Press Releases

Study Reveals Adirondack High Peaks Wilderness Visitors Exceeding Capacity

KEENE VALLEY, N.Y. – Local governments and environmental advocates today released maps of the High Peaks Wilderness area’s trailheads, showing the results of a fall 2017 survey of parking lots for the most popular hiking destinations, conducted between Labor Day and Columbus Day.

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The parking lot survey showed close to 80 percent of all trailheads leading into the High Peaks and surrounding Wilderness areas were routinely above their capacity on fall weekends. Thirty-five parking lots designed to accommodate fewer than 1,000 cars frequently had more than 2,100 cars trying to park at them, the Adirondack Council analysis found. As a result over 1,000 cars were repeatedly parked along roads, on private property, and in other unsafe locations.

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Twice as many cars means twice as many hikers and campers than the wilderness can handle and twice as much damage to plants and wildlife. Overuse of trails, campsites and summits has led to erosion, soil compaction, loss of fragile vegetation and impacts on sensitive wildlife.

“Large crowds are a reflection of the growing interest in hiking and outdoor adventures across all age groups, caused by increased social media, photo-sharing, traditional marketing efforts, and a trend toward relatively inexpensive yet accessible recreation,” said Town of Keene Supervisor Joe Pete Wilson. “What we can do is help spread hikers throughout the Adirondacks to mitigate the over-crowding and safety issues.  An example of this is the governor's plan to open up once again Frontier Town that will capture some of the hikers that would otherwise be heading to the High Peaks.”

“The Adirondacks are a world class outdoor recreation destination,” said Adirondack Council Executive Director William C. Janeway. “We are very fortunate to now have the challenge of managing the popularity and success of the High Peaks, to ensure sustainable natural resource protections, happy visitors, and positive economic impacts for the residents of the Park.”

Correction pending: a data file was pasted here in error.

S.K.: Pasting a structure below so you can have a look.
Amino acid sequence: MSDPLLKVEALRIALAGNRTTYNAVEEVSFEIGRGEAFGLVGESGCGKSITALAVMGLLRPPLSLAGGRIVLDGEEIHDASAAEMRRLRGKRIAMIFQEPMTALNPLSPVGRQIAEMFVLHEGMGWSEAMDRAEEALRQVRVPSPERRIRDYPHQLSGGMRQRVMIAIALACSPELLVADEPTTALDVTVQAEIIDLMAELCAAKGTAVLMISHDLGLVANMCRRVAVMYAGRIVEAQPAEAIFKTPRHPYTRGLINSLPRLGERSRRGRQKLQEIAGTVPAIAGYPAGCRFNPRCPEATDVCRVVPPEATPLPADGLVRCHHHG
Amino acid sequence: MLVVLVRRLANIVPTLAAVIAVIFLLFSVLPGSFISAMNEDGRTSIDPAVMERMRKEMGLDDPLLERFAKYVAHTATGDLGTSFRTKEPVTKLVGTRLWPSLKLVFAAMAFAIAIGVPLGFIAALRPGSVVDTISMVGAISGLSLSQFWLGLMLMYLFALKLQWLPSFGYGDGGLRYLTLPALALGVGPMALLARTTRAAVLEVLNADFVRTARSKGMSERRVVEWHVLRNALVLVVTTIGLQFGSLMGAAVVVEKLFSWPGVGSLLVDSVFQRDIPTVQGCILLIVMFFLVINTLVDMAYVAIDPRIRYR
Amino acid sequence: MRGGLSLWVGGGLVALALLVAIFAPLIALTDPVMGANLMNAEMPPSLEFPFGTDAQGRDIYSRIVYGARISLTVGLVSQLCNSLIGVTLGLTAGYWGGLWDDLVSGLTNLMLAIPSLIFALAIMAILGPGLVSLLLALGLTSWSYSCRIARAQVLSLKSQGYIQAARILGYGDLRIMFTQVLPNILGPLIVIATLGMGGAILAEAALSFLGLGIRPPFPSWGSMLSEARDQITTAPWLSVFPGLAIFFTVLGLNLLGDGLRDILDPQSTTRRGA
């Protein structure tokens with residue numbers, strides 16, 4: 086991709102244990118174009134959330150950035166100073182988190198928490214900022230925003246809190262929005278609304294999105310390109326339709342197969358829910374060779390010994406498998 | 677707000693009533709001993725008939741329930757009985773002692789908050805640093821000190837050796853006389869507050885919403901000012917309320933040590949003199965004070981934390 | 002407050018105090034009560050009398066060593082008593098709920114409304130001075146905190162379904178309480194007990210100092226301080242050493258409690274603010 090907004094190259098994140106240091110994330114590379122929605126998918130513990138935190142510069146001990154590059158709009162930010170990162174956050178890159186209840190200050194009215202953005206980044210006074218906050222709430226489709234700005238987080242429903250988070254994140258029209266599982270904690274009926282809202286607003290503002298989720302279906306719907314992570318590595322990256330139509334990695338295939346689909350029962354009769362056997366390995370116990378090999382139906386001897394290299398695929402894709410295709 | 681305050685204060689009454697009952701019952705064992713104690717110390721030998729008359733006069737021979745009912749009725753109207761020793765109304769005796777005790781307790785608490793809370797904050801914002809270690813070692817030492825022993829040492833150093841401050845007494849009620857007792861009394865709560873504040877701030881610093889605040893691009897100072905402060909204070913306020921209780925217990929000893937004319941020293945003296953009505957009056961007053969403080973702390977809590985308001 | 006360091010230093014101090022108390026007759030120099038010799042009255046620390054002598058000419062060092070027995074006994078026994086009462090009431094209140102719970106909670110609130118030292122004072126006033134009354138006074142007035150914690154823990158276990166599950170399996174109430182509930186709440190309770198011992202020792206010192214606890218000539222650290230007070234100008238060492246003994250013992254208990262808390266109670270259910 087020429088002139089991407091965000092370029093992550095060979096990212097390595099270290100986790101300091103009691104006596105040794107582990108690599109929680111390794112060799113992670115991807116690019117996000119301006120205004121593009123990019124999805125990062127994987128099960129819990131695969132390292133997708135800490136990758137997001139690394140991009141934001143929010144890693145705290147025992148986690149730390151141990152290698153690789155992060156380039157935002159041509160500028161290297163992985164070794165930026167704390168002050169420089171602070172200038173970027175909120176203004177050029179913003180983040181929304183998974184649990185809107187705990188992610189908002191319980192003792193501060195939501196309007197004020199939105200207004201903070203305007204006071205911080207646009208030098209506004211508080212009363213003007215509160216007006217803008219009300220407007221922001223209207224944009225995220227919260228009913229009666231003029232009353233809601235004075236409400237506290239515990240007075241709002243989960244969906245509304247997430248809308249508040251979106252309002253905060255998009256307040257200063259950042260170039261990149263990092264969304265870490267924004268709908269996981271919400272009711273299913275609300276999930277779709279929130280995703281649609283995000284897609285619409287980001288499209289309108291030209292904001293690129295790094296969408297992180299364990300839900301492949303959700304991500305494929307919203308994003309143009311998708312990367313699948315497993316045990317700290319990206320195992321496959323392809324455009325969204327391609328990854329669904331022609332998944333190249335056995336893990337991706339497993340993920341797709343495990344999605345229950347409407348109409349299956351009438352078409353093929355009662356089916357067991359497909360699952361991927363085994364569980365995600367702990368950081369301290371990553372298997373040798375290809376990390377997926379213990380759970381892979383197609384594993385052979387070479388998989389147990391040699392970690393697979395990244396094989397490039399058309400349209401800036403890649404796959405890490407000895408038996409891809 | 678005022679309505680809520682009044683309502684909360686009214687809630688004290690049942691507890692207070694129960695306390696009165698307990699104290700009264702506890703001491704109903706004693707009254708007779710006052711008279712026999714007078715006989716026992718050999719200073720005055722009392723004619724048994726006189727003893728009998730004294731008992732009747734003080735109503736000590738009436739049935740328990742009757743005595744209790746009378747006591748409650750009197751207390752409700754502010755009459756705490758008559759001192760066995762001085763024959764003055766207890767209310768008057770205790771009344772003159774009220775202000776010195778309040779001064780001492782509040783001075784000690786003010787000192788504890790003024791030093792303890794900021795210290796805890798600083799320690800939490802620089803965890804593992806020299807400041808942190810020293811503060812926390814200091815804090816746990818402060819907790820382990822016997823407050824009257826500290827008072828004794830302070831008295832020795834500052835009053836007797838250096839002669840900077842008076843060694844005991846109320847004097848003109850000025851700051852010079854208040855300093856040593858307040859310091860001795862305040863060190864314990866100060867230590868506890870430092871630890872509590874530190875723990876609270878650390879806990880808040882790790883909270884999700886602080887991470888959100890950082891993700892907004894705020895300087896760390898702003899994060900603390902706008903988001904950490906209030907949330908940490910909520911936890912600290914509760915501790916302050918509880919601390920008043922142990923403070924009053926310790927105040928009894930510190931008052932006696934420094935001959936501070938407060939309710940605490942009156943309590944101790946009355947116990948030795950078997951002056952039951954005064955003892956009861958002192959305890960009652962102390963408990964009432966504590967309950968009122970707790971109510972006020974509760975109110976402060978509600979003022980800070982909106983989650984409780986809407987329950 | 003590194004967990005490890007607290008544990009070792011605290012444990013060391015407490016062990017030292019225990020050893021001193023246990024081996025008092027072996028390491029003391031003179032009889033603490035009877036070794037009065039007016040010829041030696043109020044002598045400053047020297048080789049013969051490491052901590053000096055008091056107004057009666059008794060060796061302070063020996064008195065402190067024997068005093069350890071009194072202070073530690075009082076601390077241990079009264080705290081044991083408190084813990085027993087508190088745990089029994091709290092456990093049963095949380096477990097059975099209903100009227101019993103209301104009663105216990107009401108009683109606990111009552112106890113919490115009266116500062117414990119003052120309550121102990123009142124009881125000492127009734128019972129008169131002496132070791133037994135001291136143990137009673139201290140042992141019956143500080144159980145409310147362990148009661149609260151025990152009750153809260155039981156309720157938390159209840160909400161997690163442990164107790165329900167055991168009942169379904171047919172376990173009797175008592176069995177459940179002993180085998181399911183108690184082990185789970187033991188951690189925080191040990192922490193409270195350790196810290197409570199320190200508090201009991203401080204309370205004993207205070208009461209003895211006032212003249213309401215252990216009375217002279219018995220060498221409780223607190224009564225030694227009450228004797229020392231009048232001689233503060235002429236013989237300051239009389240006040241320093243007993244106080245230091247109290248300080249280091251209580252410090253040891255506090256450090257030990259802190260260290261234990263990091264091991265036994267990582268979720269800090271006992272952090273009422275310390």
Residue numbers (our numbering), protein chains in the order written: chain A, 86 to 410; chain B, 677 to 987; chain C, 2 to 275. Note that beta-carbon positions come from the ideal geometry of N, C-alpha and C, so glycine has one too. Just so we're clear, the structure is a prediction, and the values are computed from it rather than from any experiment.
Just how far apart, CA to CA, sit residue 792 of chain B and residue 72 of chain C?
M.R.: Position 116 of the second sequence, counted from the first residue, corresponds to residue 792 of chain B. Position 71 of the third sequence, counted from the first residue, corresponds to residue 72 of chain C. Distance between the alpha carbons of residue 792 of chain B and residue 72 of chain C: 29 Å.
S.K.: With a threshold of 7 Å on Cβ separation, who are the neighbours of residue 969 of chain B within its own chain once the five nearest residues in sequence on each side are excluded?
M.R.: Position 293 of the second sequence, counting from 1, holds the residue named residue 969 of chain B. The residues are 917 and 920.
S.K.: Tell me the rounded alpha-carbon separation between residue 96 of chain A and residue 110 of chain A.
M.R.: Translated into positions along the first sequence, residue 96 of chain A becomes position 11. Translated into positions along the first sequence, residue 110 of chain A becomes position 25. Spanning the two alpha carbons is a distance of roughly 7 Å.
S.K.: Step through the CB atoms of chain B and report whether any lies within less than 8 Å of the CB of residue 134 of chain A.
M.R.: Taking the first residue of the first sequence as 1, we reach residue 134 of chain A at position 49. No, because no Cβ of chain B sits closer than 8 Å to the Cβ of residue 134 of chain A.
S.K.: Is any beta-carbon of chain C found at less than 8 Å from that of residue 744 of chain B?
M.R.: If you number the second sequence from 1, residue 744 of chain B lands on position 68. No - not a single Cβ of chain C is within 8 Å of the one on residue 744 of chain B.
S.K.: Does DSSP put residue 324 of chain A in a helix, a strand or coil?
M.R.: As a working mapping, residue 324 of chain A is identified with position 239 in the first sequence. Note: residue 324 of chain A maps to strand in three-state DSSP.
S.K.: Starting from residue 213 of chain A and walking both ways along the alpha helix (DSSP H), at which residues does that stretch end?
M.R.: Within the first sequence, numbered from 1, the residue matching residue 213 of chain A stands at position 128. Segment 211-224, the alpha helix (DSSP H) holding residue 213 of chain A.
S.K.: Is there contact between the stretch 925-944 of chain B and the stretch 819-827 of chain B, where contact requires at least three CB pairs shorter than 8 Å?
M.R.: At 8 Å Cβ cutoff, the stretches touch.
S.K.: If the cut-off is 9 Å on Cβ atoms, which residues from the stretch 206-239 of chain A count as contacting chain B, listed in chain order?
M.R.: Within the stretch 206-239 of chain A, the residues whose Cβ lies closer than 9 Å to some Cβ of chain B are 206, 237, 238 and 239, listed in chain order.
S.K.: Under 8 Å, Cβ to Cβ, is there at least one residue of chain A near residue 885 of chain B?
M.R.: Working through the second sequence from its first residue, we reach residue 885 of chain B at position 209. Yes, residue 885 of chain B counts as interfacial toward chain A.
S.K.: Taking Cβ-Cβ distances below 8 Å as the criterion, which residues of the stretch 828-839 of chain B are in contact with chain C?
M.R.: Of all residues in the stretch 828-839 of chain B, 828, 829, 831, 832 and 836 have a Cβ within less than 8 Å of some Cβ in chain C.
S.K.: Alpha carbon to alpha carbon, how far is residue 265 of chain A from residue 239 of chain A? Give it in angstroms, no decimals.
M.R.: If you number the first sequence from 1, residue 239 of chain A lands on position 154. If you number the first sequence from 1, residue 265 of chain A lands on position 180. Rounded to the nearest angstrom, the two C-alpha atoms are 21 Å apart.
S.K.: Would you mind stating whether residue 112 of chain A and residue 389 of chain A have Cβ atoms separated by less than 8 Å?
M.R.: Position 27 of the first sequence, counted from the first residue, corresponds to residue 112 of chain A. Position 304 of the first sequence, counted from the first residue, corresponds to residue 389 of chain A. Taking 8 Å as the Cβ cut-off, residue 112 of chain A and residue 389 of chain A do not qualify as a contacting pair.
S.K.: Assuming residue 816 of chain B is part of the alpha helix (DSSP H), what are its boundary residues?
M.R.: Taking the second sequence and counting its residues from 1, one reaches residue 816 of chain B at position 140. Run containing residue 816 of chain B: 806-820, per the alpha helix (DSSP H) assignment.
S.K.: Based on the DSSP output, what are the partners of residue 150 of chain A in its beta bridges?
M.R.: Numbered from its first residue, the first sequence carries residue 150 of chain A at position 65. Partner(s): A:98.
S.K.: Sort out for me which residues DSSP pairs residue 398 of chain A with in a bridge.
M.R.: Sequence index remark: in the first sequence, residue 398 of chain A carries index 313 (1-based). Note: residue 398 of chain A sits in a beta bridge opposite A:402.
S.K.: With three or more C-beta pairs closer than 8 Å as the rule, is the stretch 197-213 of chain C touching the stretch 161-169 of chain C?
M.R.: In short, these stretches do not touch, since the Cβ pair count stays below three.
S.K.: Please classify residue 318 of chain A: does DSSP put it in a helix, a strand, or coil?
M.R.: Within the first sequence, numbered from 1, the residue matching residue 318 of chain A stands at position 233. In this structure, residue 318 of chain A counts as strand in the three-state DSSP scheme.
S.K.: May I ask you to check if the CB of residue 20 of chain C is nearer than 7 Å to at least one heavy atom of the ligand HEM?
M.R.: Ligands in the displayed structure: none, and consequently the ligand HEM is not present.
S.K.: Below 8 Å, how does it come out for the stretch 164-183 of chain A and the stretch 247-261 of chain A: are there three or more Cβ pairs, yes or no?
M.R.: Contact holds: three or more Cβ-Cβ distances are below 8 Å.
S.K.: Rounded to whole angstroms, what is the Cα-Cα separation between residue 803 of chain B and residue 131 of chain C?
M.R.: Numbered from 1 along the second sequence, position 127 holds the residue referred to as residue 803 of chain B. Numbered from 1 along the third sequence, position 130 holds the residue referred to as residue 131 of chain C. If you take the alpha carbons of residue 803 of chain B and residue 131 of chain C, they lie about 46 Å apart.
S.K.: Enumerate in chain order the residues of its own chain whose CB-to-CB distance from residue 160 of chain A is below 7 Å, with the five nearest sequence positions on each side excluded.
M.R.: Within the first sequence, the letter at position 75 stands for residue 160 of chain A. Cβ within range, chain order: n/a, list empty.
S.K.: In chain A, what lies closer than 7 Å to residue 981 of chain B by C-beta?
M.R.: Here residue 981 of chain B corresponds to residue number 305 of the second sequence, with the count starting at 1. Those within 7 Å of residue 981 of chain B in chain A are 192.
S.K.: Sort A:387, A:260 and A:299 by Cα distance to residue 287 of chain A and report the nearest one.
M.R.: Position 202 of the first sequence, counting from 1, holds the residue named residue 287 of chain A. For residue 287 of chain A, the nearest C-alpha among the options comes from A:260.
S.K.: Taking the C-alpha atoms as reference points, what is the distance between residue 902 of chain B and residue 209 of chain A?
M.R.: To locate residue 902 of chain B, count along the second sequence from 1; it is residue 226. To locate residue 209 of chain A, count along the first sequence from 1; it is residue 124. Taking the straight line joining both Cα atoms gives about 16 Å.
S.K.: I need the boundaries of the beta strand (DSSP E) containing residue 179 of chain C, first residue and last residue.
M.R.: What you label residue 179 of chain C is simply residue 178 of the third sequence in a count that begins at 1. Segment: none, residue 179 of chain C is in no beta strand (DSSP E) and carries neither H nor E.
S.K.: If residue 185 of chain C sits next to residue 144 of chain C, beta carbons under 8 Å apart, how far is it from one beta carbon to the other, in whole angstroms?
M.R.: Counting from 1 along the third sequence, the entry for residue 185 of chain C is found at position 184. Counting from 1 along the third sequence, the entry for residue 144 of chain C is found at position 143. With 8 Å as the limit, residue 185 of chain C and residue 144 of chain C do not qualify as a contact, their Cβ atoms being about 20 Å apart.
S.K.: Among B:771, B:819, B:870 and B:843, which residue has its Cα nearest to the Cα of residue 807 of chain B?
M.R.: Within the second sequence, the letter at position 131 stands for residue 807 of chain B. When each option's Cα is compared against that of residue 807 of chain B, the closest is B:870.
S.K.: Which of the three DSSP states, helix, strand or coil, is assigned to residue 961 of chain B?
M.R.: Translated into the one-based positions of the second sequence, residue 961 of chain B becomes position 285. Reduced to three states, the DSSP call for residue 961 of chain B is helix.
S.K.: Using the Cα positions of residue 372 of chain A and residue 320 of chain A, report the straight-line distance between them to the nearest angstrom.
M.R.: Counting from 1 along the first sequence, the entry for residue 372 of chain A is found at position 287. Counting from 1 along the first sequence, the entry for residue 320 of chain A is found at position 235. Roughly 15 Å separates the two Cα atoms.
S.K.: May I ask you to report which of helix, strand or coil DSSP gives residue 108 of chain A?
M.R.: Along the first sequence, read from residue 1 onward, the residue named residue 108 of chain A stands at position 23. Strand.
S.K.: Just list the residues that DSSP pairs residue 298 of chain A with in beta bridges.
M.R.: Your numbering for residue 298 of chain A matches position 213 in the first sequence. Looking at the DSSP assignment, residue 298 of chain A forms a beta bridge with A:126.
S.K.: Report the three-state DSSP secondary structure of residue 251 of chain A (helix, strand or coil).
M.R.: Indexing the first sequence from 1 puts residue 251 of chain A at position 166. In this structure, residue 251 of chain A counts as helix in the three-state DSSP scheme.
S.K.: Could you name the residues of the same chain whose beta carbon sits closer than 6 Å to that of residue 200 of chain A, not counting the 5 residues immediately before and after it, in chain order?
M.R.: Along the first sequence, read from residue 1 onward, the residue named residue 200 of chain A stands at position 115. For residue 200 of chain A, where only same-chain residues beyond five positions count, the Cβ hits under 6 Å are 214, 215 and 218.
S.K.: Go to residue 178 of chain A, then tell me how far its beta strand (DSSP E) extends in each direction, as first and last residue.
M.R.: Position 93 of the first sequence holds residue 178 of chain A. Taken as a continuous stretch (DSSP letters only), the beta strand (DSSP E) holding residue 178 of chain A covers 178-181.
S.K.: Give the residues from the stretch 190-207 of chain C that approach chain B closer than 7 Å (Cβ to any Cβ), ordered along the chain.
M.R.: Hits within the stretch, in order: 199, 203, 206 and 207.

“Witnessing the vast expansion of the Adirondacks from the top of one of its ‘high peaks’ is just one of many wilderness experiences offered here in the Adirondacks,” said Town of Newcomb Supervisor Mr. Robin DeLoria. “A parking area full of cars clearly shows the need to expand the opportunities for our visitors, not the parking lots. Providing those choices, is the true challenge.”

“Too many randomly and improperly parked cars leads to public safety problems for our local governments and emergency responders,” said Bill Farber, Chairman of the Hamilton County Board of Supervisors. “Rural roads get too clogged for traffic and particularly for emergency responders.  Plus, parking along state highways puts hikers into the path of motor vehicle traffic which is traveling 60 miles an hour. Avoiding disastrous outcomes requires better planning, better management, and most importantly, action on all our parts.”

"I think that we should explore the best management practices now used on federal lands and state lands in other areas, and adapt them for use here,” said Fred Monroe, Executive Director of the Adirondack Park Local Government Review Board. “The recently classified MacIntyre and Boreas Ponds Tracts provide an opportunity to spread use by improving access to the southern High Peaks. The Frontier Town Visitor Center could, if properly managed, provide parking and a hub for alternate transportation to trailheads that are experiencing parking problems.”